It’s a rule of thumb to have 2-3 technical experts on the interview and to collect independent feedback from each of them, for several reasons. First, in case of any unforeseen circumstances, there’s no need to urgently seek another interviewer because there’s always at least one on the list. Second, it helps to run the interview more smoothly. Each expert can focus on the section they are best at, and complement each other in tasks and approaches.
At the same time, having several interviewers may be more stressful for the interviewee, especially if the experts take voice sporadically, interrupt each other and switch topics all of a sudden. That’s why it’s important to have an interview plan, and clear interviewer roles assigned beforehand (who is leading and who’s assisting, who asks what and when).
And of course, two heads are better than one. Feedback from one person can appear too subjective. Blind feedback provided independently by each of the experts makes a difference. The rule of thumb here is to track feedback within a few hours after the interview while it’s still fresh and no details have been forgotten.
Let the interviewees Ask Questions
You can learn some new and valuable things at this stage – what is really important to the candidate, their motivation, values and interests.
Leave a Good Impression
Even if the candidate isn’t the best fit for your company or doesn’t accept the offer, they will remember what they thought of the company, and it’s you who will contribute the most to helping them form that impression. Not only will the candidates recall this interview next time they are looking for the job, but also share their memories with the friends. So, use this chance to create the most attractive image of your project and company. Be nice and comforting, don’t subject the candidates to unnecessary stress, and remember that you are a host, and they are your guests. When they arrive, engage them in small talk and offer a coffee or a glass of water.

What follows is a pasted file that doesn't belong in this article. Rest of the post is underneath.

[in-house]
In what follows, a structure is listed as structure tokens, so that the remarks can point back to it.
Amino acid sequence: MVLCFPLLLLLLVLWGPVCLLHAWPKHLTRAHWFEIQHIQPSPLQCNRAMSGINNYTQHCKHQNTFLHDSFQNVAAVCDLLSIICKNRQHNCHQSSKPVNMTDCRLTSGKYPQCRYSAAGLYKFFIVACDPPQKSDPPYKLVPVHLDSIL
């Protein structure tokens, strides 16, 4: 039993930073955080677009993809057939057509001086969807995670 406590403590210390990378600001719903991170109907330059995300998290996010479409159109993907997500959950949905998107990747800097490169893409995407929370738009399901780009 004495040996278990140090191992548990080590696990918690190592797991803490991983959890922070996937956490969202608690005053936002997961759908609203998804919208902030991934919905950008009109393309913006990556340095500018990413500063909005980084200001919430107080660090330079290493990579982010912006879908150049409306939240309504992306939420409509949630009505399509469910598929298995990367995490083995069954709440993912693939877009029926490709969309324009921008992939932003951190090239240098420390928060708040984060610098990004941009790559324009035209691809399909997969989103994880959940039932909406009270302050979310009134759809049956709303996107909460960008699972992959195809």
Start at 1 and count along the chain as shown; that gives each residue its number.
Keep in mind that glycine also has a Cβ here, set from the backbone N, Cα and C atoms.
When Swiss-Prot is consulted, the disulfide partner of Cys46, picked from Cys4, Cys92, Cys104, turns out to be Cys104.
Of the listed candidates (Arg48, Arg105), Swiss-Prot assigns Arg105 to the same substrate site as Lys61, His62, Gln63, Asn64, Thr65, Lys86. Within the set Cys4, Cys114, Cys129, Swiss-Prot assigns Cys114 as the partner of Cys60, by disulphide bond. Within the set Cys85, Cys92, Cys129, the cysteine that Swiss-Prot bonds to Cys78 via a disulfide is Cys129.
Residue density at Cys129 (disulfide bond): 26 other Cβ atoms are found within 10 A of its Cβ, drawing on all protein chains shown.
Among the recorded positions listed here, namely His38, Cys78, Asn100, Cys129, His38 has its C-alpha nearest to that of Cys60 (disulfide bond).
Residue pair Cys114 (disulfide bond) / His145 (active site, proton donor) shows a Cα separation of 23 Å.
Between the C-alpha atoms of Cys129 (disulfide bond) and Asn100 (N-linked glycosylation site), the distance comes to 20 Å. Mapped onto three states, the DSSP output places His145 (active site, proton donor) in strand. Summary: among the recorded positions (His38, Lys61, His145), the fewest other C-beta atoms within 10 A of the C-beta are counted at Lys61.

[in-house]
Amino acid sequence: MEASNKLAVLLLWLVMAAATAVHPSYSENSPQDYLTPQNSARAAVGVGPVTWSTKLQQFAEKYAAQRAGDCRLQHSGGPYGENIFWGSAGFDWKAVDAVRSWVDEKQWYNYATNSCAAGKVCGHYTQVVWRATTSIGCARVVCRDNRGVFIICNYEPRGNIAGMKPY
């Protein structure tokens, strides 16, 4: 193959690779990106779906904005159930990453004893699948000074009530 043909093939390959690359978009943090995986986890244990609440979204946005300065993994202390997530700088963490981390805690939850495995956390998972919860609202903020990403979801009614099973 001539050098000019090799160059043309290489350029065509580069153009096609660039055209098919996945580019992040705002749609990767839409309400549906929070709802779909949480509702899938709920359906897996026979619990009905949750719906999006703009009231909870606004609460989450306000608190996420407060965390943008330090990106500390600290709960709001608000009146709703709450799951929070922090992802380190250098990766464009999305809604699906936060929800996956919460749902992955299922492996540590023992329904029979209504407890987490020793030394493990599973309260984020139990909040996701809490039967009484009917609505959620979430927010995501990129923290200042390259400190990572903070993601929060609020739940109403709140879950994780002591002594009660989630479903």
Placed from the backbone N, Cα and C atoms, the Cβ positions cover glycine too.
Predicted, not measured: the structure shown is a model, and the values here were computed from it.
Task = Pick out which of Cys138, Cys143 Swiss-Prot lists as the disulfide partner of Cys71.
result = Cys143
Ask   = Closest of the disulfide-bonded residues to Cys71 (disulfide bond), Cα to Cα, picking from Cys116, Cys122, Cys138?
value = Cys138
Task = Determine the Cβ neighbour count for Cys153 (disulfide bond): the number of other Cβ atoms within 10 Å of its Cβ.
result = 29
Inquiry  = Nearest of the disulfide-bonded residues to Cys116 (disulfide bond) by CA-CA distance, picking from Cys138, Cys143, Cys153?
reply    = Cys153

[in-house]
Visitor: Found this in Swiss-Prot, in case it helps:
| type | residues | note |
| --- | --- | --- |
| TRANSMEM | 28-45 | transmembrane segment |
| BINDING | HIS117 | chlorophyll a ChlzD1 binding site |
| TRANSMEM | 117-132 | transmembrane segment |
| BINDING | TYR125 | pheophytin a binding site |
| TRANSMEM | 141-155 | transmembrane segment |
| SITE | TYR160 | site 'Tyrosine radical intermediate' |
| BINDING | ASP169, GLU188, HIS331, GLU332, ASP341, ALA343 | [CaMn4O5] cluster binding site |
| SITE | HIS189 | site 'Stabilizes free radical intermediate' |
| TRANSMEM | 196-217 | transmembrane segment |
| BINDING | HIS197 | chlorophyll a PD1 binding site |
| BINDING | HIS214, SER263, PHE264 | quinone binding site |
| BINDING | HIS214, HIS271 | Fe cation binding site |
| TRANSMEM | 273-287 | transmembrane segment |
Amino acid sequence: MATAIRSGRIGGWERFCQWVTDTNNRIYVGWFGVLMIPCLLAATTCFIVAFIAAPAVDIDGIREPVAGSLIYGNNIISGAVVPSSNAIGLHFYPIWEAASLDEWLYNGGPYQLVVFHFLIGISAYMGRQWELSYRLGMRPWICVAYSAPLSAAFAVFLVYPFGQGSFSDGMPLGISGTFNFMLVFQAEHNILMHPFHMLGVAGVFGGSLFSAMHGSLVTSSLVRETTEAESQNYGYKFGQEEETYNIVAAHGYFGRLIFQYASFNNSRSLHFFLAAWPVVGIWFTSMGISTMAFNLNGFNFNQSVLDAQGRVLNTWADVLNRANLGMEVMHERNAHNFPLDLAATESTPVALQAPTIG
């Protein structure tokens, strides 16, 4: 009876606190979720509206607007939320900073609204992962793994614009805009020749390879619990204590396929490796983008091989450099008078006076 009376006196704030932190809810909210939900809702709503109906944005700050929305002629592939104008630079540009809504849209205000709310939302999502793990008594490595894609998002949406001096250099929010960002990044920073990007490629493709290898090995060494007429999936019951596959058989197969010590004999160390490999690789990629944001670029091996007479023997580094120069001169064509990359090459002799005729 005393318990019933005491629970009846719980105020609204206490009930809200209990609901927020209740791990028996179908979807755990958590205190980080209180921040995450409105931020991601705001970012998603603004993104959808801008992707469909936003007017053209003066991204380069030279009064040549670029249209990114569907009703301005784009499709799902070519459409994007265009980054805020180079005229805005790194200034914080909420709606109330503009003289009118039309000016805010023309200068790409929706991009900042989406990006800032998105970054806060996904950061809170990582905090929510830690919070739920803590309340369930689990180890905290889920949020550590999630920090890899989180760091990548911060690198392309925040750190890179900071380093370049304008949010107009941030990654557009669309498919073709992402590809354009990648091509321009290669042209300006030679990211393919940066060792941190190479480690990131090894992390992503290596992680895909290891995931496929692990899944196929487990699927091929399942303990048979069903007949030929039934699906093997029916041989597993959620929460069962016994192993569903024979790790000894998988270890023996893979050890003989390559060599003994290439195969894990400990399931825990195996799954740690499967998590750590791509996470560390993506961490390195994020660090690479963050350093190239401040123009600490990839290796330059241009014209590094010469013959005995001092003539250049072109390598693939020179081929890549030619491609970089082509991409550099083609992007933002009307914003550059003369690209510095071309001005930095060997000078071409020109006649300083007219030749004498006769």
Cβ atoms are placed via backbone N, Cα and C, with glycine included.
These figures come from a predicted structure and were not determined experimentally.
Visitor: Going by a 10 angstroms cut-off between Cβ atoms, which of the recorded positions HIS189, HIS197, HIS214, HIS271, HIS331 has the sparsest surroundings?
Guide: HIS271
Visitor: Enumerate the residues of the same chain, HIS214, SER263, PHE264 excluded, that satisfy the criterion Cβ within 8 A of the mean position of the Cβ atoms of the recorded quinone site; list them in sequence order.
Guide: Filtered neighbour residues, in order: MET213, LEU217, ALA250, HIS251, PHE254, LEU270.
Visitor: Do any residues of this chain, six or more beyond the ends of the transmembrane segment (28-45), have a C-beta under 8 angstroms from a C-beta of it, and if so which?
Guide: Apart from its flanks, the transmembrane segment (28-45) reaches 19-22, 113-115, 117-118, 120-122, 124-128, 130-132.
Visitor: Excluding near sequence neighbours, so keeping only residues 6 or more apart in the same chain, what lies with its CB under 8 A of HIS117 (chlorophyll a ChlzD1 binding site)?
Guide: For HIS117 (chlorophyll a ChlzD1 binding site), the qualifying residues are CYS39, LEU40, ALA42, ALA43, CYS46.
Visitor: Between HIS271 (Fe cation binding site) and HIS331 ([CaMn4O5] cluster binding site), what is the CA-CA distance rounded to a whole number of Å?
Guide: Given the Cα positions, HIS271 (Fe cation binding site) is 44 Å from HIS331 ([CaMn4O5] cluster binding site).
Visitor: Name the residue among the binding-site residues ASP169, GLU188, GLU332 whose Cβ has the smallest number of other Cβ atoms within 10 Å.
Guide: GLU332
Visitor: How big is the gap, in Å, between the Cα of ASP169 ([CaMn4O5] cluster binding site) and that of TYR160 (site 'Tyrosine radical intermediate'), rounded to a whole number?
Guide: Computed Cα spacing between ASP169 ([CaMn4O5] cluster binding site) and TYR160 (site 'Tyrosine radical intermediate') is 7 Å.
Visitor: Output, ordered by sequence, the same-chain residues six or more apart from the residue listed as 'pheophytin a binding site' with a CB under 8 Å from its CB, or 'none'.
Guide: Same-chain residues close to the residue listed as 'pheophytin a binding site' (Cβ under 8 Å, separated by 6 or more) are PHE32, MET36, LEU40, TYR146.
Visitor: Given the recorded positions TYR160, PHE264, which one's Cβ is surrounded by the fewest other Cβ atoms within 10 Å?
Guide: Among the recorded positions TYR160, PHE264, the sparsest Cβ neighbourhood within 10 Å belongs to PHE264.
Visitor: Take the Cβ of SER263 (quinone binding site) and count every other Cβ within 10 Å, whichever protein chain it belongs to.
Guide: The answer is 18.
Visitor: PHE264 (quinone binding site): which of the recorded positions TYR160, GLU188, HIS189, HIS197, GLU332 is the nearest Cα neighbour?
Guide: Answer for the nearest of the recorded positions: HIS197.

Always provide Feedback to the Candidate in a Timely Manner
Whether you liked them or not, your candidates will be waiting for feedback, and giving them the extended information on their strengths, weaknesses and things to improve would be really appreciated and valued from their side.
Use the appropriate hiring strategy
As a rule, when you choose between candidates, the safest strategy is: ‘Better to miss a good candidate than to hire an inappropriate one’. If you have enough candidates to consider and time for the search, this approach works. In other cases, you may need to risk more, hiring the most promising ones. And most often, you’ll need to invest time and resources to grow the potential of your hire, just like you would polish a diamond.
Recruiting as a whole, and interviewing in particular, are mixes of skill, art and intuition, which everyone can master, with a bit of practice and desire.